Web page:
What is Visible Learning?
Visible Learning is based on the research of world-renowned education expert Professor John Hattie. Hattie conducted the world’s largest evidence-based study into the factors which improve student learning. His work forms the basis of Visible Learning, a program which accelerates student learning by focusing on what works best in teaching and learning.
The 'visible' aspect of Visible Learning refers first to making student learning visible to teachers by:
- ensuring clear identification of the attributes that make a visible difference to student learning, and
- all in the school visibly knowing the impact that they have on the learning in the school (of the student, teacher, and school leaders).
The 'visible' aspect also refers to making teaching visible to the student, such that students
- learn to become their own teachers (which is the core attribute of lifelong learning or self-regulation), and
- develop the love of learning that we so want students to value.
The 'learning' aspect refers to how we go about knowing and understanding, and then doing something about student learning. Learning is at the forefront of all education. In Visible Learning teaching is viewed primarily in terms of its impact on student learning.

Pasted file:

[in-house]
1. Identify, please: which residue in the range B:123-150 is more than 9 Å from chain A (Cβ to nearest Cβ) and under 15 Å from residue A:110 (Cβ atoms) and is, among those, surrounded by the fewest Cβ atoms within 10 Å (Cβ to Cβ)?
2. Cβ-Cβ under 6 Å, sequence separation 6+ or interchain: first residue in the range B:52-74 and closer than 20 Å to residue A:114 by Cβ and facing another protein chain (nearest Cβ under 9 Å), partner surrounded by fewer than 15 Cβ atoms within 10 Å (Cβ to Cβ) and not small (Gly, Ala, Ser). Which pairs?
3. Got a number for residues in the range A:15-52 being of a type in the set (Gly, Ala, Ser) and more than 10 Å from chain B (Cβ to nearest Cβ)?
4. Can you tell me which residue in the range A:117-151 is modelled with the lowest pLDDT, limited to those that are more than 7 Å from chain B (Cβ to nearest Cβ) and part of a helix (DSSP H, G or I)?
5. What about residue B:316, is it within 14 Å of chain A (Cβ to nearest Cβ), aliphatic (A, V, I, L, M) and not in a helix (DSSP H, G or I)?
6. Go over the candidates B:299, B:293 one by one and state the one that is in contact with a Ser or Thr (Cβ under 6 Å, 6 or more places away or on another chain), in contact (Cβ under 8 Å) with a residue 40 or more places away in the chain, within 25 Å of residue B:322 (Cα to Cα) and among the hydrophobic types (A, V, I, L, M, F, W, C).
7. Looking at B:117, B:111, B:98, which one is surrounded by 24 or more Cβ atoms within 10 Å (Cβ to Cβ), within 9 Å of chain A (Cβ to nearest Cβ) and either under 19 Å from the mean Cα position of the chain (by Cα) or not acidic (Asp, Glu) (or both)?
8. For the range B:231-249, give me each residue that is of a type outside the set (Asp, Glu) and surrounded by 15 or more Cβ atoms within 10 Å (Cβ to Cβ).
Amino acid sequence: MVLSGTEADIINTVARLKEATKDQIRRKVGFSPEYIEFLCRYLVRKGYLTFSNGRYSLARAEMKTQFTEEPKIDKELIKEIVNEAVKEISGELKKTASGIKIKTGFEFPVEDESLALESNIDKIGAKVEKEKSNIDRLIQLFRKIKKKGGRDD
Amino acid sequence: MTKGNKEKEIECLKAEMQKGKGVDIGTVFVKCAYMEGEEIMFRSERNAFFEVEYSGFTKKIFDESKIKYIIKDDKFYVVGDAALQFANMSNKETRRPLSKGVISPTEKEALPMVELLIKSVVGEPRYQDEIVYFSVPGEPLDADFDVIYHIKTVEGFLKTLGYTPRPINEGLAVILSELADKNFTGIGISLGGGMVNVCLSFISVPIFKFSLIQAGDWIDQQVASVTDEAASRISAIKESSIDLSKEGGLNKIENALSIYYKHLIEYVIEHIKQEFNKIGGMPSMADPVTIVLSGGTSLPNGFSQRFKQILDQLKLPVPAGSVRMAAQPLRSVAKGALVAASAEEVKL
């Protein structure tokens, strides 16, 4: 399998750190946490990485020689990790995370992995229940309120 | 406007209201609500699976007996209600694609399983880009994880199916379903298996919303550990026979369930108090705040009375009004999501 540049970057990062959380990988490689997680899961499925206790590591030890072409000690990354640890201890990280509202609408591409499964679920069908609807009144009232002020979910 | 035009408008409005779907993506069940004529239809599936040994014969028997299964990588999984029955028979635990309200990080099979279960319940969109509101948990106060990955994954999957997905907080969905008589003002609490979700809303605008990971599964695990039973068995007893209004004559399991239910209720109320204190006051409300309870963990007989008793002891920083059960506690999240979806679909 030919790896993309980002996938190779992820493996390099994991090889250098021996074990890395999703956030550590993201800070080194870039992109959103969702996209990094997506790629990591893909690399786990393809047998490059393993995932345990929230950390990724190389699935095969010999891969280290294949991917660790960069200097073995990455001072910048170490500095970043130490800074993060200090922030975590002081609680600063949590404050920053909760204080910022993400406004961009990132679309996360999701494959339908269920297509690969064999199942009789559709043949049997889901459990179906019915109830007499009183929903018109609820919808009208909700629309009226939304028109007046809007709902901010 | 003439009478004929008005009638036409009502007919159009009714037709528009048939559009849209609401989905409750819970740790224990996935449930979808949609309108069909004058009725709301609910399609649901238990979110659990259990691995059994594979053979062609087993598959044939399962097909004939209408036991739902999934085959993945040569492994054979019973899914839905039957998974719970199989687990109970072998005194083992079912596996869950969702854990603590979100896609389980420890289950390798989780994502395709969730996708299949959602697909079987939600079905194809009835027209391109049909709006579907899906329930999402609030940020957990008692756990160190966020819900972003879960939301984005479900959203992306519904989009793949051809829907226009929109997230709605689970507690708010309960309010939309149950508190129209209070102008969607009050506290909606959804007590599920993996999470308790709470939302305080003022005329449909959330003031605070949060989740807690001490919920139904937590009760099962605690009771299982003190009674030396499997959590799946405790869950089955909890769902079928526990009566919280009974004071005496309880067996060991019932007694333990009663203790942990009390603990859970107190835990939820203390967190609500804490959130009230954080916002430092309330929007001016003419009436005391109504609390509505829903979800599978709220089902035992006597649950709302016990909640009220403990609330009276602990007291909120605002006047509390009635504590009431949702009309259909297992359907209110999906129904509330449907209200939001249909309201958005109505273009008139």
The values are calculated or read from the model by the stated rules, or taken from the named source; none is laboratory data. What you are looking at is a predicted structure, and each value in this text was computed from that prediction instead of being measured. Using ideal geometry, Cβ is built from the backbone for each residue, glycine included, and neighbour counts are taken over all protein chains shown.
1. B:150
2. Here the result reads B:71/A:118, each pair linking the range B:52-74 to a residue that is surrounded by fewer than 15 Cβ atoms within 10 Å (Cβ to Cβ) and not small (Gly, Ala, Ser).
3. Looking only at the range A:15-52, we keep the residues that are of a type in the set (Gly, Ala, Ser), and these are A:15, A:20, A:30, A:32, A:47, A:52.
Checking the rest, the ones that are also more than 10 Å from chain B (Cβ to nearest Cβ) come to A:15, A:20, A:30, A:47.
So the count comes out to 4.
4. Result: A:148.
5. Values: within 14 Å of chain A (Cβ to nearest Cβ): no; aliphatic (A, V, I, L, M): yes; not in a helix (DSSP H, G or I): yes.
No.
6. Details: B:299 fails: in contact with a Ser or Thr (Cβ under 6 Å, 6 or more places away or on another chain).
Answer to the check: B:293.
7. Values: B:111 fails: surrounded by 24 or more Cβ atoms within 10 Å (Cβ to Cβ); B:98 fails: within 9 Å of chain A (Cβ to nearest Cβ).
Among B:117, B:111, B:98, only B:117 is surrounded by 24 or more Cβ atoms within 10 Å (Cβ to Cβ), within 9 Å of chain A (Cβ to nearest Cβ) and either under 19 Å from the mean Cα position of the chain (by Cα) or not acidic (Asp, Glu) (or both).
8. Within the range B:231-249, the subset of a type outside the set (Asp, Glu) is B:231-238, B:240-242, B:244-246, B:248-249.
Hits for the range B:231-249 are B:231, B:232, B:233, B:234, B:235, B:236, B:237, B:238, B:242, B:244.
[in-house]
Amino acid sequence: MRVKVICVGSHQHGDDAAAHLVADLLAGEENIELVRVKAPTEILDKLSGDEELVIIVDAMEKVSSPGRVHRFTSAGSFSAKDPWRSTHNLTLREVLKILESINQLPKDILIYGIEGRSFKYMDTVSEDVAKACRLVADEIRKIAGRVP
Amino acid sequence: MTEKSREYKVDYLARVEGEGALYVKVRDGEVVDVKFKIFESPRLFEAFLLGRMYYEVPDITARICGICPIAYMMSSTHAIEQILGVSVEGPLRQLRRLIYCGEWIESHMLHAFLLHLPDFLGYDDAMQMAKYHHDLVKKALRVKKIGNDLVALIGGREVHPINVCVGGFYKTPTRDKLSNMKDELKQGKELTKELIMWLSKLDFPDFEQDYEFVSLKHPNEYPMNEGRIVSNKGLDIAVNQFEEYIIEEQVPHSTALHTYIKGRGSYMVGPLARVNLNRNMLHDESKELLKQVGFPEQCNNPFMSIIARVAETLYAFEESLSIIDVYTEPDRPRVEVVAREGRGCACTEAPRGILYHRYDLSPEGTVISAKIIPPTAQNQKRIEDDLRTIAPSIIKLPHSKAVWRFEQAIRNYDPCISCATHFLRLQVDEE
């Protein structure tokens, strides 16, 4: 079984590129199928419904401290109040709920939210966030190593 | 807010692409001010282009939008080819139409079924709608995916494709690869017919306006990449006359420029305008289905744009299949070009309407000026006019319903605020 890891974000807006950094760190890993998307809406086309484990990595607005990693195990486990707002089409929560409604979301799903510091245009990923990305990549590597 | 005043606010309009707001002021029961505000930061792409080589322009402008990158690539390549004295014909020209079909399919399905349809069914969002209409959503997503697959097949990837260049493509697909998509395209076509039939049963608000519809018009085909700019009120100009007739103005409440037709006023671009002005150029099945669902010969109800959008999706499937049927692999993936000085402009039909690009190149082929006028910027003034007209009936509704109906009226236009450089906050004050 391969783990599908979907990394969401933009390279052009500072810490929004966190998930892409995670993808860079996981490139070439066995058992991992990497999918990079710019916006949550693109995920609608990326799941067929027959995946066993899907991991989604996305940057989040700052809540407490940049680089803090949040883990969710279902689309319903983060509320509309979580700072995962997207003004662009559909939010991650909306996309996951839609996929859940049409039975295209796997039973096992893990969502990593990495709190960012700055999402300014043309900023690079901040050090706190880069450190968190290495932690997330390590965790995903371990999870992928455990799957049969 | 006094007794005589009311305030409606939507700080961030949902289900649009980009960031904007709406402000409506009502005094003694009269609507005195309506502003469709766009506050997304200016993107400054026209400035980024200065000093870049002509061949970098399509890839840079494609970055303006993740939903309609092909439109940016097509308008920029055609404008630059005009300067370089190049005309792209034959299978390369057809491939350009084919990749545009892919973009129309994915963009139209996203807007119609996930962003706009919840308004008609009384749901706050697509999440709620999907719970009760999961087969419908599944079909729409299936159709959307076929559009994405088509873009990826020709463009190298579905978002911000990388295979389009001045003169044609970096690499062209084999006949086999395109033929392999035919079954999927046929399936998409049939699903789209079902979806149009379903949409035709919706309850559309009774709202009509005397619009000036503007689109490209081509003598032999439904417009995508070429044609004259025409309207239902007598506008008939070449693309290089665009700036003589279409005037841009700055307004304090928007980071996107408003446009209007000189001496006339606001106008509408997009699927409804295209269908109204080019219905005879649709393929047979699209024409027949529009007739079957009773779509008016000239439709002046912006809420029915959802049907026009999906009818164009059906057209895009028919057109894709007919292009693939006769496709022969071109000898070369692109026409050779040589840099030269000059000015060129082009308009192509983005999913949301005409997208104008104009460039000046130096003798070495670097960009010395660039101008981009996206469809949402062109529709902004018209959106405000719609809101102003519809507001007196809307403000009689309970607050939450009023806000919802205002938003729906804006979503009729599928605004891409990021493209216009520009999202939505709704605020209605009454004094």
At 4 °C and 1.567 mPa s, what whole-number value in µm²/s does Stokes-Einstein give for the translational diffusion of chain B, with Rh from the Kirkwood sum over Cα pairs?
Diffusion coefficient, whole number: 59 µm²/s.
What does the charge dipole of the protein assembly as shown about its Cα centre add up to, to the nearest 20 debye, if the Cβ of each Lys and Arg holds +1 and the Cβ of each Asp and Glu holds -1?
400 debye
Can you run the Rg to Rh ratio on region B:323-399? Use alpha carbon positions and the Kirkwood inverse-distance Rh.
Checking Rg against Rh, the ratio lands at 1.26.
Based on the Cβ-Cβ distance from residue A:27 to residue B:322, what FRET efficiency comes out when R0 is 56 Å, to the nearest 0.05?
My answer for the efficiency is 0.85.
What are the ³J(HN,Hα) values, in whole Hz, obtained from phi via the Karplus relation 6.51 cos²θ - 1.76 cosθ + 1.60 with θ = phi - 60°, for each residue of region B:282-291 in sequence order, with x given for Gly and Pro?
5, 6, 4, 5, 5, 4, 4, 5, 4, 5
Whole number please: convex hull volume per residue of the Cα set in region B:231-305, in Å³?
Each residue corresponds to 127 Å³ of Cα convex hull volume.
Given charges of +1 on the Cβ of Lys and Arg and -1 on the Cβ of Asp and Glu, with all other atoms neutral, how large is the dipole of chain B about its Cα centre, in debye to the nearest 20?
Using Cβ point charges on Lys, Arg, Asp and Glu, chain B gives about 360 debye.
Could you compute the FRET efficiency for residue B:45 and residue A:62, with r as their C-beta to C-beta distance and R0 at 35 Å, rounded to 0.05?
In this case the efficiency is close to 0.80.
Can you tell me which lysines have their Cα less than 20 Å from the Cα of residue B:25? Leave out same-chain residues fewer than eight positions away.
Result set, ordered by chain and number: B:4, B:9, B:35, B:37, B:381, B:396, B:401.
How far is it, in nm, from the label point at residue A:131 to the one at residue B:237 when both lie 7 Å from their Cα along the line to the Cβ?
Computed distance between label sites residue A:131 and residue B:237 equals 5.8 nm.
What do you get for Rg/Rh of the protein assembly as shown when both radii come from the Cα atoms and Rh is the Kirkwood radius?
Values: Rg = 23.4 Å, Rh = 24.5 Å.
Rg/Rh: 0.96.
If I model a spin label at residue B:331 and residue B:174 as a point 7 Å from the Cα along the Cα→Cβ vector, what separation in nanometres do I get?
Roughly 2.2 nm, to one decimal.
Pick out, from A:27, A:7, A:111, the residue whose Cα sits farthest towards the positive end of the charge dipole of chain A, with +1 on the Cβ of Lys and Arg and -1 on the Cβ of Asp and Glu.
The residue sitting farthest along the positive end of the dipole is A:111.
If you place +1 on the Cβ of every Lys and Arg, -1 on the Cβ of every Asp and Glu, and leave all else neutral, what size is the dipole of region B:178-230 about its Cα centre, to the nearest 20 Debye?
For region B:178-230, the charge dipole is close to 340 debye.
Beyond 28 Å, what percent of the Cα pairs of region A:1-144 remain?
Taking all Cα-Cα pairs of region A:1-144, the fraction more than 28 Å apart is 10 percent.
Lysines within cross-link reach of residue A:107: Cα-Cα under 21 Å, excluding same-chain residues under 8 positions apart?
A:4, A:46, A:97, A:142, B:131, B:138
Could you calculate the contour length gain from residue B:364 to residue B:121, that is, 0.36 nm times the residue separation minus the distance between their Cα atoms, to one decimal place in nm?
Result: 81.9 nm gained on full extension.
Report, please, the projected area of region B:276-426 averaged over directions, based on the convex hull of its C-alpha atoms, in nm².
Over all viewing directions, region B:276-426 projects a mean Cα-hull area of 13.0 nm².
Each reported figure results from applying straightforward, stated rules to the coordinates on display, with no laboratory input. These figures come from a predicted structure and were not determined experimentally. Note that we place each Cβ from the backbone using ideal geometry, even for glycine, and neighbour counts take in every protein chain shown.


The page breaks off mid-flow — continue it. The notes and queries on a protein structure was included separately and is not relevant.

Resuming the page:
Visible Teaching and Learning
When the teaching is visible, the student knows what to do and how to do it. When the learning is visible, the teacher knows if learning is occurring or not.
Evidence shows that the greatest effects on student learning come when not only the students become their own teachers (through self-monitoring and self-assessment), but the teachers become learners of their own teaching. In successful classrooms, both the teaching and learning are visible.
Students as Visible Learners
A student who is a visible learner is one who:
- Can articulate what they are learning and why,
- Can talk about how they are learning and the strategies they are using,
- Can articulate their next learning step,
- Understands assessment tools used and what the results mean,
- Asks questions and clarifies,
- Sees errors as learning opportunities,
- Actively seeks feedback, and
- Sets learning goals.
The Visible Learning program here at St Joseph’s School involves the development of students as visible learners, implementing measures to closely monitor student progress, identifying and implementing the most appropriate way to provide students with effective feedback and developing collective teacher efficacy (teachers working together to improve student outcomes).
We look forward to watching all our students, from Prep to Year 12, growing as visible learners.